Moallem’s genealogical account of the relationship between political economy and scopic economy in relationship to domesticity, orientalism, civilizational missions, feminized labor, and humanitarian fetishism is fascinating. She argues that the European labor revolts ended the attempt to replace hand-knotted carpets with mass-produced machine-made Persian carpets in Britain. As a result, exploitative labor was transferred to Britain’s colonized and semi-colonized peripheries. The increase in European imports that replaced Iranian silk and cotton changed the nature of carpet production in Iran, subordinating local production to European consumption, or what Moallem calls the shift from productive consumption to consumptive production. This shift from luxury objects and crafts to mass-produced commodities gave rise to a group of dealers who mediated between local labor and foreign companies. The shift to mass-produced commodities also changed the design to duller colors to fit the European and American taste and replaced natural dyes with imported toxic chemical dyes, thus making Iranian labor dependent on imports. The curtailment of creativity turned weavers into weaving machines, while keeping the spectacle of the exotic tribal weaver. The aesthetic value of helplessness of Iranian women and children weavers, along with the emphasis on motherhood and the representation of family as a site of reproduction and consumption (rather than production) in developmental discourses, construct Iranian women as bad mothers, thus normalizing the bourgeois family and disciplinary practices of modernization that are predicated on binaries of East/West, primitive/civilized, female/male, rural/urban, and nature/culture. Moallem argues that concerns over the humanity of weavers by connoisseurs, missionaries, and some feminists have been detached from the transformations of the carpet industry and political economy. By reproducing the hierarchy between subjects of empathy and its objects and through individualizing feelings of sympathy rather than challenging social inequalities, these humanitarian concerns make political action impossible. Rather than buying into guilt and do-good consumerism through ethnography of suffering, Moallem brings short accounts of women weavers in an Iranian village in order to focus on collaborations and complex relationships that challenge narratives of victimization and humanist sympathy. Pointing out that rural women weavers produce hand-woven carpets at home and sell them in the market, while buying affordable Chinese-made carpets that mimic Persian designs in the same market, Moallem shows the way that scopic economy erases use value and non-value (women’s other forms of labor), while turning carpet producers into consumer-citizens who participate in the myth of the household as a site of consumption and not production. Challenging what she calls the “politics of sisterhood in victimization,” Moallem argues that the humanist interest in social subjects turns the body of the weavers into a spectacle of labor, which in turn is used to sell carpets.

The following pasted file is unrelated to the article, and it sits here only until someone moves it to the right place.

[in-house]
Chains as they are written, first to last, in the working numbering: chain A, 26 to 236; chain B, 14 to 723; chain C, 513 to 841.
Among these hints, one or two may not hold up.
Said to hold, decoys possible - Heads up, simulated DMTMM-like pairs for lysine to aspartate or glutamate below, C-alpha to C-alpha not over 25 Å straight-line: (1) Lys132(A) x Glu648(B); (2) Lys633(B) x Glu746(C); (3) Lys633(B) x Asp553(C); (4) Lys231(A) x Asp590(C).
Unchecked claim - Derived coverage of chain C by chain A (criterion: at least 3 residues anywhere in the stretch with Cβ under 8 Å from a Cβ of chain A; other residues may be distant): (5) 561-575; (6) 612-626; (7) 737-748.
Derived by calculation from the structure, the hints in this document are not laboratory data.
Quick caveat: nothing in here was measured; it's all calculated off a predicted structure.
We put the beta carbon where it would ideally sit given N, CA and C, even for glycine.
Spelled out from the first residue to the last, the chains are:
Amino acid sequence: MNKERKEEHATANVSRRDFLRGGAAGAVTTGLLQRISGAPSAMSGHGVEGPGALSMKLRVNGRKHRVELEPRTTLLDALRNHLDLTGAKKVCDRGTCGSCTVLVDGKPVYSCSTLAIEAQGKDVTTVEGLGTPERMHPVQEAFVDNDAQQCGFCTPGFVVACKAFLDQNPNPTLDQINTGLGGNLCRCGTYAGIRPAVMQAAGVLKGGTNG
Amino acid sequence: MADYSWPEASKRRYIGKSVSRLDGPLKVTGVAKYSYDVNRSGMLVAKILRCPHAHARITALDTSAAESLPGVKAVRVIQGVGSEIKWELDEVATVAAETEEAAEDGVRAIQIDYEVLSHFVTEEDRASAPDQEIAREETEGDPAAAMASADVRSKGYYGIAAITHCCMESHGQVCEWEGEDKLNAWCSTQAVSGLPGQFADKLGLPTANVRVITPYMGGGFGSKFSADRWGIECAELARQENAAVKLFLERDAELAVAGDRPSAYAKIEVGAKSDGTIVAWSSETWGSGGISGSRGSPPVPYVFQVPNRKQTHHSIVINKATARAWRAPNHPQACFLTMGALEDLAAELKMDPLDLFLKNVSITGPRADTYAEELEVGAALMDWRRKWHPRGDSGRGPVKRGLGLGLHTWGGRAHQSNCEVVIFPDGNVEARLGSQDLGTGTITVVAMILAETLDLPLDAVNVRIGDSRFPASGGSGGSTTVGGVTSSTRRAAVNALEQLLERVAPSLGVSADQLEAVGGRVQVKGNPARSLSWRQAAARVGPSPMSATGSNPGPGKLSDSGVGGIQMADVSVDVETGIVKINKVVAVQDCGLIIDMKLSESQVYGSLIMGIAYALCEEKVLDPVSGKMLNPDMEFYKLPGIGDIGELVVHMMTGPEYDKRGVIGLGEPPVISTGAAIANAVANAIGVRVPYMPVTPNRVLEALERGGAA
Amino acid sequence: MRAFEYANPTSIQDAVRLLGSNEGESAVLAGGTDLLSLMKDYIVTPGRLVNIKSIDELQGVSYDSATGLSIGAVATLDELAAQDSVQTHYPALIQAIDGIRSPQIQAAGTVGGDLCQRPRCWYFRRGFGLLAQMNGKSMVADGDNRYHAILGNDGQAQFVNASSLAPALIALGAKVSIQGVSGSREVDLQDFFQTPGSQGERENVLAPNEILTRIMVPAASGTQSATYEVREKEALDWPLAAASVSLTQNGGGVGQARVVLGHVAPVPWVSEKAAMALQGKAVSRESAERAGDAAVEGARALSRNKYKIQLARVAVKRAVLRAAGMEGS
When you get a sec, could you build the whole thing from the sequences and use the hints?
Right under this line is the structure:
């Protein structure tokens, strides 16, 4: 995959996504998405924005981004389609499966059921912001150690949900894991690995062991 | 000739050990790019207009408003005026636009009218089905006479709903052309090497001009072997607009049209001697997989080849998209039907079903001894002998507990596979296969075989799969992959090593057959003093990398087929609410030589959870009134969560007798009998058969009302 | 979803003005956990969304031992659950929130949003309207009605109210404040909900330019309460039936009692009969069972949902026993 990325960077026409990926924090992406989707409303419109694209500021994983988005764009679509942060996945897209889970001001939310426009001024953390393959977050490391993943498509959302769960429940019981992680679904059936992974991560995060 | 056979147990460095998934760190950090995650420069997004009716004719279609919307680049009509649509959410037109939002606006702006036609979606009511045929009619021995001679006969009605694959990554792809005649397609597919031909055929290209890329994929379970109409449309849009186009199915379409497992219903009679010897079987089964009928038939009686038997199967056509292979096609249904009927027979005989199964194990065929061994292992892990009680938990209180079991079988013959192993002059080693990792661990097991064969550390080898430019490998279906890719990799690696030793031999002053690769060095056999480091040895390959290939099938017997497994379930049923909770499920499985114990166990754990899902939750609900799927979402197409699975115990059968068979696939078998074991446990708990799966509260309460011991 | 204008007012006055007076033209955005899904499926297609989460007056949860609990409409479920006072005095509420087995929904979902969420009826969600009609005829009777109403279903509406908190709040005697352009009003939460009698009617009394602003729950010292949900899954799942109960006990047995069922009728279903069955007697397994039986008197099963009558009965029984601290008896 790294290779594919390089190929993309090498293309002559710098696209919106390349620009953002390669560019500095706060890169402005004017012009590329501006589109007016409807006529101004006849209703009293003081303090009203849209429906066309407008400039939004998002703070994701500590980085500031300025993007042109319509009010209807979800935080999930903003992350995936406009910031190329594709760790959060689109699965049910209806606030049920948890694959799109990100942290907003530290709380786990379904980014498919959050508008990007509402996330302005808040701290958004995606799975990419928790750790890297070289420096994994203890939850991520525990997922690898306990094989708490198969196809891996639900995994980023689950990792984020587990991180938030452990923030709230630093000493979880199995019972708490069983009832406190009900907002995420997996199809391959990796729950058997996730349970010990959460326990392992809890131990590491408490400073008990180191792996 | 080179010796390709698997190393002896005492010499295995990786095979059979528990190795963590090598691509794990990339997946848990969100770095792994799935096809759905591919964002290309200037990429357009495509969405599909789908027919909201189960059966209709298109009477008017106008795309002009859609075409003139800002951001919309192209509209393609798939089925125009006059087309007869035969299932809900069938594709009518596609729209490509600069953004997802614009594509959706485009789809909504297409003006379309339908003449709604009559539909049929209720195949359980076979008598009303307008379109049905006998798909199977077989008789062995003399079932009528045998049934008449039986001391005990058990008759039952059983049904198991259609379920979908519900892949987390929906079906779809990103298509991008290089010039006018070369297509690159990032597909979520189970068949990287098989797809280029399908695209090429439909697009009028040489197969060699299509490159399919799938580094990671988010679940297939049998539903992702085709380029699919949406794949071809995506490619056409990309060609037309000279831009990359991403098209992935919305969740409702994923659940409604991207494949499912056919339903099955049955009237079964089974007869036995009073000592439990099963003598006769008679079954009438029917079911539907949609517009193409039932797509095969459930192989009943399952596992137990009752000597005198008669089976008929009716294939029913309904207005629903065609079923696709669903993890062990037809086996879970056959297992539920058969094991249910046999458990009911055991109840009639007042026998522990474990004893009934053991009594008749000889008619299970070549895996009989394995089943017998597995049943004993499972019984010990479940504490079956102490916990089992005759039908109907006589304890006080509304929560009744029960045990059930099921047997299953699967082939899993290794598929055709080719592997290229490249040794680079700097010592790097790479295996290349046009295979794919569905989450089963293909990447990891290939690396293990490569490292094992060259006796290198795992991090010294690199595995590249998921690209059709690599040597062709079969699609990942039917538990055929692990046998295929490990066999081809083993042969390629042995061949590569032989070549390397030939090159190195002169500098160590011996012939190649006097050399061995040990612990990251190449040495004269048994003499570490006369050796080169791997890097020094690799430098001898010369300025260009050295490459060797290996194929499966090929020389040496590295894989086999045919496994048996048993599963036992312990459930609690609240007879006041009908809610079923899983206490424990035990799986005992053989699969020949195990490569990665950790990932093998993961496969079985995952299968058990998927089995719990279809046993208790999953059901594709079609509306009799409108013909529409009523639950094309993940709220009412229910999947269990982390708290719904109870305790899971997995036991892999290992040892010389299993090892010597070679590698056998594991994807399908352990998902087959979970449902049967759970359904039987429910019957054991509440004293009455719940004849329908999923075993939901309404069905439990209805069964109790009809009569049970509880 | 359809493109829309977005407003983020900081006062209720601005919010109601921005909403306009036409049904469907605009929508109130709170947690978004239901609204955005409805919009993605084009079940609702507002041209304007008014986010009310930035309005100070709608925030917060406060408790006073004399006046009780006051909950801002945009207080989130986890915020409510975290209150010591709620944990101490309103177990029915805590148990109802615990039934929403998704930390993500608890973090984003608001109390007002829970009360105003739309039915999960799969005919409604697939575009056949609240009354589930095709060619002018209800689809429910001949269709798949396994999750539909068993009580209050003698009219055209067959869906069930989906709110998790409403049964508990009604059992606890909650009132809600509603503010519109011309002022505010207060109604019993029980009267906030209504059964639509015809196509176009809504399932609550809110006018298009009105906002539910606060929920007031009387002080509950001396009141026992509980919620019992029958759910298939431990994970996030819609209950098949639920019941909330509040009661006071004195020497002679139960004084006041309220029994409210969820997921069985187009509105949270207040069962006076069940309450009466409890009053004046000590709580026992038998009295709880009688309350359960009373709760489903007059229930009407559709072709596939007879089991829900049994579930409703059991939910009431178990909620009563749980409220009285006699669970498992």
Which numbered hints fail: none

Moallem connects the transnational circulation of meanings and value to the nation by tracing the transformation of the Persian carpet to a national commodity from the Qajar period to the Pahlavi dynasty and the post-revolutionary Iran. By analyzing post-revolutionary films, Moallem shows the transformation of the carpet from its commodity state to an art realm, a signifier for the cohabitation of tradition and modernity, a site of national identity and reification of eternal and timeless authentic national culture, as well as resistance to U.S. embargo. Moallem characterizes Iran’s transformation from a carpet nation to nation as carpet, where the Persian carpet as mnemonic commodity comes to stand for the nation as primordial and timeless. Consuming carpets becomes an affective act that connects the imagined community of the nation, which in turn regulates individuals through relations of affective solidarity. The haptic and sensory aspect of consuming carpets along with its potential for mobility and networking, Moallem argues, make affective consumption of carpets a mode of producing national and diasporic identity and cohesion in the context of neoliberal consumer culture. With mass migrations and the weakening of territorial nationalism, attachment to the homeland is not just expressed through linkage to place, but via affective attachments to commodities such as the Persian carpet that adorns the diasporic home as the “immigrant’s private museum of symbolic meanings and resemblance"(135).